Dr. Rodriguez, it's been a while, thank you for taking the time. Good to see you.


VAUSE: The difference in the course of this virus in the United States compared to Italy, Spain, Germany, is staggering. Here it is in the graphic. The blue line at the top dipped a little and then started going up

that is confirmed cases in the United States. The three lines at the bottom, those three European countries, where the virus did what it was expected to do, because they followed the advice of health experts and scientists.

Is the U.S. approaching the point where the economic loss would be for nothing?

RODRIGUEZ: I'm afraid so. If you look at the graph, the last few days or weeks of it is completely going up onward. And that I actually posted a graph on social media and said that we are in the land of the free and the home of the selfish in a way. Once opening, it appears that we have lost the will to follow recommendations.

I have good friends in Italy and when they were first hit with this horrible amount of death, they were very diligent in staying home. But the government was a lot more organized than here in the United States. If you felt bad, they brought you food. If you had to go out, you had to have proof that you were going through the grocery store.

It seemed rigid but, at the end of the day, it worked. They opened in a safe way and they're probably going to be able to stay open unlike here in the United States.

VAUSE: These numbers are just as bad as they were in April. President Trump talked about the decision and the advice that he was given at the time, on whether or not to issue guidelines for the shelter in place and social distancing. This is what he said.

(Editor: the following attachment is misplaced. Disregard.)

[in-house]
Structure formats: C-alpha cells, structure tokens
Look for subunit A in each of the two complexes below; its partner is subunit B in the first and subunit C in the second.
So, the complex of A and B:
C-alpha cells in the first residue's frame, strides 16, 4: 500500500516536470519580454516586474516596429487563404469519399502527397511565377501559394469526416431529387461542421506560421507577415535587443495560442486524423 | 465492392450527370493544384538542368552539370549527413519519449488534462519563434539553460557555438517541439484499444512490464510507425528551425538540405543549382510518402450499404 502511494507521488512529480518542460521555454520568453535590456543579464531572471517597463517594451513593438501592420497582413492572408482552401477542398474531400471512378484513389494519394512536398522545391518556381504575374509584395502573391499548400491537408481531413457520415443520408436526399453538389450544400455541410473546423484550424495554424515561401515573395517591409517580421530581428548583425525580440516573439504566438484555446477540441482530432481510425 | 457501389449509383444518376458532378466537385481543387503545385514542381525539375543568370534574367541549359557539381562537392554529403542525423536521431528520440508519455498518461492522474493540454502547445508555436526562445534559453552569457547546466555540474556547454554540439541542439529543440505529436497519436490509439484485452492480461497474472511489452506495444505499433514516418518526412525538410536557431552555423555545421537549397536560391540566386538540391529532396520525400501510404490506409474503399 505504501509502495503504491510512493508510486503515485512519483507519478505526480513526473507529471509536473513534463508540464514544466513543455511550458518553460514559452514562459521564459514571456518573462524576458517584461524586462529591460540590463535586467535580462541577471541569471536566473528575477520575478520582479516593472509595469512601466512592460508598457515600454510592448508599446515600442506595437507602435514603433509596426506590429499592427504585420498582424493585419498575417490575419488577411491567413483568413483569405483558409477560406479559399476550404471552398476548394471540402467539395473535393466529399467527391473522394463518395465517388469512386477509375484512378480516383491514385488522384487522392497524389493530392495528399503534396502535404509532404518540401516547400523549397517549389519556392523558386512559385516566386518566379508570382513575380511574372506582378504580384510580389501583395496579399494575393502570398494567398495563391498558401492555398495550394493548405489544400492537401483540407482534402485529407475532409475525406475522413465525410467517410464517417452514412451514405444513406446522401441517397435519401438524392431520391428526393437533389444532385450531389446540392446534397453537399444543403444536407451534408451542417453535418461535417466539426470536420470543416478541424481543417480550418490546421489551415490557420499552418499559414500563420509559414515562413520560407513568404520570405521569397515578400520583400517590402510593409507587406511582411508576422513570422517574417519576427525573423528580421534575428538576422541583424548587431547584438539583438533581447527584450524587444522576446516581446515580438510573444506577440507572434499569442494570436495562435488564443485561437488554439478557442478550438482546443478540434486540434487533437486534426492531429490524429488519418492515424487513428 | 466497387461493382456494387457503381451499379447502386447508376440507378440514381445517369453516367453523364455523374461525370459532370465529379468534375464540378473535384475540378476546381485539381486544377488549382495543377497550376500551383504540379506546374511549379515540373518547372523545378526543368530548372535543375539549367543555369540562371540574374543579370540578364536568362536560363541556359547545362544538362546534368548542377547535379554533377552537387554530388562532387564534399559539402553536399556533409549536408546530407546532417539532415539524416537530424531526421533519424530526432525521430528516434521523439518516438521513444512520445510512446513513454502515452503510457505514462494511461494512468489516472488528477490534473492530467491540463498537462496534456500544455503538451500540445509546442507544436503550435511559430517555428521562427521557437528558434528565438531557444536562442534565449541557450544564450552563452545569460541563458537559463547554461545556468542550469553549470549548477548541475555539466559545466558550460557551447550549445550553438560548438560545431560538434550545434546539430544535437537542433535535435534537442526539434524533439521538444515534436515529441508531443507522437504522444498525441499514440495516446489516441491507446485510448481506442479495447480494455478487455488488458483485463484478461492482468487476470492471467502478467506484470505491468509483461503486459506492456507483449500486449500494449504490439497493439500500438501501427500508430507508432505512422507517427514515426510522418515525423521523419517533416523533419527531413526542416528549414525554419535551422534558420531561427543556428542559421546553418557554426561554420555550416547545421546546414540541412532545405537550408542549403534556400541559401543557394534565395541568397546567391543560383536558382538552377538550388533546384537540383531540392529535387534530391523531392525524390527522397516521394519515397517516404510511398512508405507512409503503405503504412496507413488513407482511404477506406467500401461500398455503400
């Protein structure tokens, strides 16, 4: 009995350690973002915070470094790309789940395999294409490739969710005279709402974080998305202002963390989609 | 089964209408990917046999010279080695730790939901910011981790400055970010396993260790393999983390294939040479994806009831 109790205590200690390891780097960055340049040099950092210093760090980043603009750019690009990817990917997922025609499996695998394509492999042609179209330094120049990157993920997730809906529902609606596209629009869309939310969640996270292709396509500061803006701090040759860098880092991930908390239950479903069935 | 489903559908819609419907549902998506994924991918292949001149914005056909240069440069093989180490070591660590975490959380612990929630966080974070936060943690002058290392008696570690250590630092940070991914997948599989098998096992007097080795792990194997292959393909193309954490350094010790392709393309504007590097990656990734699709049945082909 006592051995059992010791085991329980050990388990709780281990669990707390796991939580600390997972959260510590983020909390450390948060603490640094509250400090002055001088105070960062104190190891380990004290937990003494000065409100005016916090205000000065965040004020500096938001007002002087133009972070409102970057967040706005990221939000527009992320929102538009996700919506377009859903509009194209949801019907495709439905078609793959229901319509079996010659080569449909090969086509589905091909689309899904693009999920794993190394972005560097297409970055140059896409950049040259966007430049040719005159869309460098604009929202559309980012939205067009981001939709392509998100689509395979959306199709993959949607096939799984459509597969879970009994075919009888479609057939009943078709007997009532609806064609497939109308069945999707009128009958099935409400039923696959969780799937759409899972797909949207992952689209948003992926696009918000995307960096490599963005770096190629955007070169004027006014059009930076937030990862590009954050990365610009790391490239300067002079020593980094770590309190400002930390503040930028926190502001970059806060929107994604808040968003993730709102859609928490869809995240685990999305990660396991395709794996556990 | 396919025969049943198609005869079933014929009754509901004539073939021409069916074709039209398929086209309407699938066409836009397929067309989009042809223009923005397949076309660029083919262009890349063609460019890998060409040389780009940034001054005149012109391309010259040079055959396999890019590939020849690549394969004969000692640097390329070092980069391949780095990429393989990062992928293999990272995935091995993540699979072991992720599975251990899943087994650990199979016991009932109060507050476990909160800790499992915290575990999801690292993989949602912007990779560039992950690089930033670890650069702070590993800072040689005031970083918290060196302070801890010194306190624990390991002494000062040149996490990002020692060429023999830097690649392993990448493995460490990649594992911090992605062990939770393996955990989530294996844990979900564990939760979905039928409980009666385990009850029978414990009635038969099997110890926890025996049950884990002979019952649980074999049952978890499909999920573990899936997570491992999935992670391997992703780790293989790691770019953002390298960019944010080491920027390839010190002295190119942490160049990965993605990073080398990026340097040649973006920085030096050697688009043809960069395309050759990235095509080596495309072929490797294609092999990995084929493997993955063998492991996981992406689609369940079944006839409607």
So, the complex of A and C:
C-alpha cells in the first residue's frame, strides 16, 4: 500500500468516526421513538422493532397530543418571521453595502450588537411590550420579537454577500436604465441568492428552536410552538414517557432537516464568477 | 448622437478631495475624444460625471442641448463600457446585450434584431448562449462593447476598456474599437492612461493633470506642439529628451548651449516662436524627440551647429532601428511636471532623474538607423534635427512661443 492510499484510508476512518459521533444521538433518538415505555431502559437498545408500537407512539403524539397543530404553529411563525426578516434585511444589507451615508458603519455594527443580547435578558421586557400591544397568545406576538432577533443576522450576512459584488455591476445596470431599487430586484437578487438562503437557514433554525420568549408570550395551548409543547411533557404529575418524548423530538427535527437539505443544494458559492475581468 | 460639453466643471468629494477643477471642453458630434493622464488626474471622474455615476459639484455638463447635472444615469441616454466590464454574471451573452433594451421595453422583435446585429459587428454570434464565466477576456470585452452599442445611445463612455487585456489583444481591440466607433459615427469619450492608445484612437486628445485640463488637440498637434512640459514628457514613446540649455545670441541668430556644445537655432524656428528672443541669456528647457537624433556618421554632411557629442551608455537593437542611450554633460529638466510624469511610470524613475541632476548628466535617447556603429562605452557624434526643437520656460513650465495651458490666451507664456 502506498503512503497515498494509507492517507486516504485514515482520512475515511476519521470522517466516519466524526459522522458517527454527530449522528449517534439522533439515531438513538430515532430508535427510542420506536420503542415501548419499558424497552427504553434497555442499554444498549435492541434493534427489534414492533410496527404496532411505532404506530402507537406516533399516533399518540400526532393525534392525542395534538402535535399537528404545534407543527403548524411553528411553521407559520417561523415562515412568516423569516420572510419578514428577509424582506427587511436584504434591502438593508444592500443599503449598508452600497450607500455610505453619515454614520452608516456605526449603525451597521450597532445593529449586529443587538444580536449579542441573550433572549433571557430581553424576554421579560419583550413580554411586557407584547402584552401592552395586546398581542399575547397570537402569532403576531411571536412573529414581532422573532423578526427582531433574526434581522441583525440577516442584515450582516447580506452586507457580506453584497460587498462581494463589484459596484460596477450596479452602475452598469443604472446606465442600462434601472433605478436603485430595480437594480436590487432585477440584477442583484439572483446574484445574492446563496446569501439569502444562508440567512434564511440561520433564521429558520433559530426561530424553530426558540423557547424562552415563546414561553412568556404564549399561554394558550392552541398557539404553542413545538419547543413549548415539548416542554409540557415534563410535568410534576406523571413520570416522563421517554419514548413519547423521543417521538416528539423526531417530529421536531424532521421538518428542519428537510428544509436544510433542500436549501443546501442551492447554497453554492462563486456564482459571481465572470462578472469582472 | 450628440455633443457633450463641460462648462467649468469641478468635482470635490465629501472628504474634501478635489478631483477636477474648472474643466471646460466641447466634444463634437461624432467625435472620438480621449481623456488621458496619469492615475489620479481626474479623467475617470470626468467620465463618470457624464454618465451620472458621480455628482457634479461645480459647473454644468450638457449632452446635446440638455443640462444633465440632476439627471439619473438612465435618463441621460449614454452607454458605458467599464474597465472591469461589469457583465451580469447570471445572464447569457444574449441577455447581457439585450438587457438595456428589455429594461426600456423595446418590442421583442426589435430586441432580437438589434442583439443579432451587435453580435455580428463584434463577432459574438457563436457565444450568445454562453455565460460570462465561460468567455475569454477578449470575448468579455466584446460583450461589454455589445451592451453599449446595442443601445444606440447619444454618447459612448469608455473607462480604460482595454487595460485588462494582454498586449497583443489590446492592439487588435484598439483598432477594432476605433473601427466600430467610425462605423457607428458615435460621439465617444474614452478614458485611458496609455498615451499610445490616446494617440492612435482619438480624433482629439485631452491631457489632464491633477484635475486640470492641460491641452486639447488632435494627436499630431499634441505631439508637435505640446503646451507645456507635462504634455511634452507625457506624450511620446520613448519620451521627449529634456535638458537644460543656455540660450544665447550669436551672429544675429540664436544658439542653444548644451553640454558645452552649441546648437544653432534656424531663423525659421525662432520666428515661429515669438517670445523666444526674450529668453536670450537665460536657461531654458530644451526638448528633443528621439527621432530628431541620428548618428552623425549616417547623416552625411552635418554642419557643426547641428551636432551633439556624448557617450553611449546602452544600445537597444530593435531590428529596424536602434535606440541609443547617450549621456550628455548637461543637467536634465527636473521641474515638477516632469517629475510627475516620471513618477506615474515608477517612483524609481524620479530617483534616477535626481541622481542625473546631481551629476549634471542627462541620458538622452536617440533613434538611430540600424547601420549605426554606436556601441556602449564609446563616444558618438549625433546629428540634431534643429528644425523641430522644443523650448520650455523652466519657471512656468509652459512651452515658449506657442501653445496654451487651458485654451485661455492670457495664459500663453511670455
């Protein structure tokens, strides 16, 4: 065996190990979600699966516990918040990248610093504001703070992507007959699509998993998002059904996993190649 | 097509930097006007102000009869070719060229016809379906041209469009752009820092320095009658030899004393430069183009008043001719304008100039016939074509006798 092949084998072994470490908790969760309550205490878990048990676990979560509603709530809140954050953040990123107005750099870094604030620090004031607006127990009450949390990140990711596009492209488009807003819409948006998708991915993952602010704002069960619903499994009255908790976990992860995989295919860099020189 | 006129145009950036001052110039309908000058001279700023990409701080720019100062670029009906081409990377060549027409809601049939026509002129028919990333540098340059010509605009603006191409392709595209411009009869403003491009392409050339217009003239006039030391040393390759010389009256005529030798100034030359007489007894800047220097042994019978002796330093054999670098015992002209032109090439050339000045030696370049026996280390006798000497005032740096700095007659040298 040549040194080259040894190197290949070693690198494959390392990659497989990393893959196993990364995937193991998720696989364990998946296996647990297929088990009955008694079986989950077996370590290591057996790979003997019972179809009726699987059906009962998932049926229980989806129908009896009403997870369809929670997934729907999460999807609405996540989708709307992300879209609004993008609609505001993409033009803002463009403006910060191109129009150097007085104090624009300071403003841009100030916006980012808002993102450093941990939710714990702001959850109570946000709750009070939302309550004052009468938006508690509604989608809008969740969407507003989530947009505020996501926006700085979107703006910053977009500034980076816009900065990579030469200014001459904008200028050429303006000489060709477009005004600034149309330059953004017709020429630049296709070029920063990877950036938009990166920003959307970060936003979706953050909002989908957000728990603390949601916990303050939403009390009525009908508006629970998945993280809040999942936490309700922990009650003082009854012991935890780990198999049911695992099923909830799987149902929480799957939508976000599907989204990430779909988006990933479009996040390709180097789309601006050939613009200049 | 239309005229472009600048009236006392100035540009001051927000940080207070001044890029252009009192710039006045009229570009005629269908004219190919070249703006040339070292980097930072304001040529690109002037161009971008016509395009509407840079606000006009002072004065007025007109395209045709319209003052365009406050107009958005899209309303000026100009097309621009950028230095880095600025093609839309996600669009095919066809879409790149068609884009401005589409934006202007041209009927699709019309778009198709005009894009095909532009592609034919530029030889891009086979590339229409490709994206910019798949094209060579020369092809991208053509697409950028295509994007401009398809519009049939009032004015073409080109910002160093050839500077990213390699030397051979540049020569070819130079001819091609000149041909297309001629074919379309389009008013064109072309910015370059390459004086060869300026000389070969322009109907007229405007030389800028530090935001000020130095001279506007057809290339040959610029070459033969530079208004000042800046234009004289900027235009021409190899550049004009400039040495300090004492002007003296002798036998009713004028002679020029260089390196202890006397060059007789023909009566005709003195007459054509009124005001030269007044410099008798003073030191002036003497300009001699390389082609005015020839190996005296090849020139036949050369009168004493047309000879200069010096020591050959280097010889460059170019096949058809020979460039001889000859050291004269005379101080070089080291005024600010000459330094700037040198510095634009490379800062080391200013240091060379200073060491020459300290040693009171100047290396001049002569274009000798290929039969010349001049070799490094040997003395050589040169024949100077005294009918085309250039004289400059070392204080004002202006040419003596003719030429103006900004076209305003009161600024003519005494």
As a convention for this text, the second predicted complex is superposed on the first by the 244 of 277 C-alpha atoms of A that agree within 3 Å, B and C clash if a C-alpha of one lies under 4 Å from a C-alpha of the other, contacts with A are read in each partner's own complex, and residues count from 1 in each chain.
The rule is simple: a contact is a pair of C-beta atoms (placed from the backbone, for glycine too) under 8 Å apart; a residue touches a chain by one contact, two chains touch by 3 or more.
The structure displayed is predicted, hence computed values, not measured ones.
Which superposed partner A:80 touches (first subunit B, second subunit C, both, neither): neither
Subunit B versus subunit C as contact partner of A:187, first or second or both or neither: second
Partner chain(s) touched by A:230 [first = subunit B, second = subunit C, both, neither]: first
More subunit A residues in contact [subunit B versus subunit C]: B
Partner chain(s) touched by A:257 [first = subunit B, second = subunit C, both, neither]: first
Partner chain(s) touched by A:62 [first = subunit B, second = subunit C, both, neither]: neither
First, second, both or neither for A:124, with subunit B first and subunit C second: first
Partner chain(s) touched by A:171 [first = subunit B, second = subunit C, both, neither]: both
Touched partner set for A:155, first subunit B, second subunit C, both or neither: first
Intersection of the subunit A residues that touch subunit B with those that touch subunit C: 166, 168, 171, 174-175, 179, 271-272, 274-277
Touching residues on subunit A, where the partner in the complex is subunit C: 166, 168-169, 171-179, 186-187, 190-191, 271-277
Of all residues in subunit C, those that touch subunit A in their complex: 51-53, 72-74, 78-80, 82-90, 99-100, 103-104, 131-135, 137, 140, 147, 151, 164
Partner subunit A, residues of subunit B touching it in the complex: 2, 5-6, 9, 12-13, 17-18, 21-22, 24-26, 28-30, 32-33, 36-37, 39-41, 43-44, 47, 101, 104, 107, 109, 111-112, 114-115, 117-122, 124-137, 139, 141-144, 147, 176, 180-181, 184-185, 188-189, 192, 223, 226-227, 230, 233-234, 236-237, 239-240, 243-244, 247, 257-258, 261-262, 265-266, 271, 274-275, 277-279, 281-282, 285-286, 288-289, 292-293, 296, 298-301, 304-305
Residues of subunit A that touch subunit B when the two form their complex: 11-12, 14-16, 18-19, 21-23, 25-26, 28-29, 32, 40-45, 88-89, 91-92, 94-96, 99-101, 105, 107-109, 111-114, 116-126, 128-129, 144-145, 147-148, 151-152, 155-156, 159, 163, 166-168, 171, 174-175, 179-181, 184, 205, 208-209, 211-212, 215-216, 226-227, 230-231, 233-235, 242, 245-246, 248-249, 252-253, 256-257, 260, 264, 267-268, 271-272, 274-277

TRUMP: A lot of people were saying maybe we shouldn't do anything, just ride it, they said ride it like a cowboy. Just ride. Ride that sucker right through.


VAUSE: Putting the potential death toll of 2 million aside if you can, there are a lot of people who think that's still a good plan. There's a lot we still don't know about the virus, we don't know about immunity. Just let it out, let it go.

RODRIGUEZ: First of all, saying something like that as a leader of a country is just ludicrous. But the great experiment of herd immunity in Sweden, for example, is failing. In order to have herd immunity a population needs at least 60 percent to 70 percent of the people to have antibodies, so that it probably doesn't spread as rapidly or is as lethal.

Sweden expected to have by May approximately 40 percent of the people in their capital to have antibodies. It's only 6 percent and now we're finding antibodies with this virus may not last more than two months. So we don't know everything about this at all.

[00:10:00] RODRIGUEZ: And listen, even if herd immunity worked, quick numbers, America has 30 million people, 70 percent get infected, that's 200 million people more or less infected. Let's say we have a death rate of 1 percent. That's 2 million people that will die with herd immunity. I don't think it's worth that.

VAUSE: What we do know is that wearing a face mask makes a significant difference and one of the best arguments I've heard for wearing a mask is this, listen to this.


DR. JONATHAN REINER, CNN MEDICAL ANALYST: Going out in public without a mask is like driving drunk. Even if you don't get hurt you might kill someone else. That's how I want people to think about not wearing a mask in public. It's like driving drunk.


VAUSE: Maybe we will start shaming people who don't wear masks.

RODRIGUEZ: I was driving here and I felt like rolling down my window and yelling out, wear your mask. But my receptionist today said, we have a sign that says you have to come in with a mask.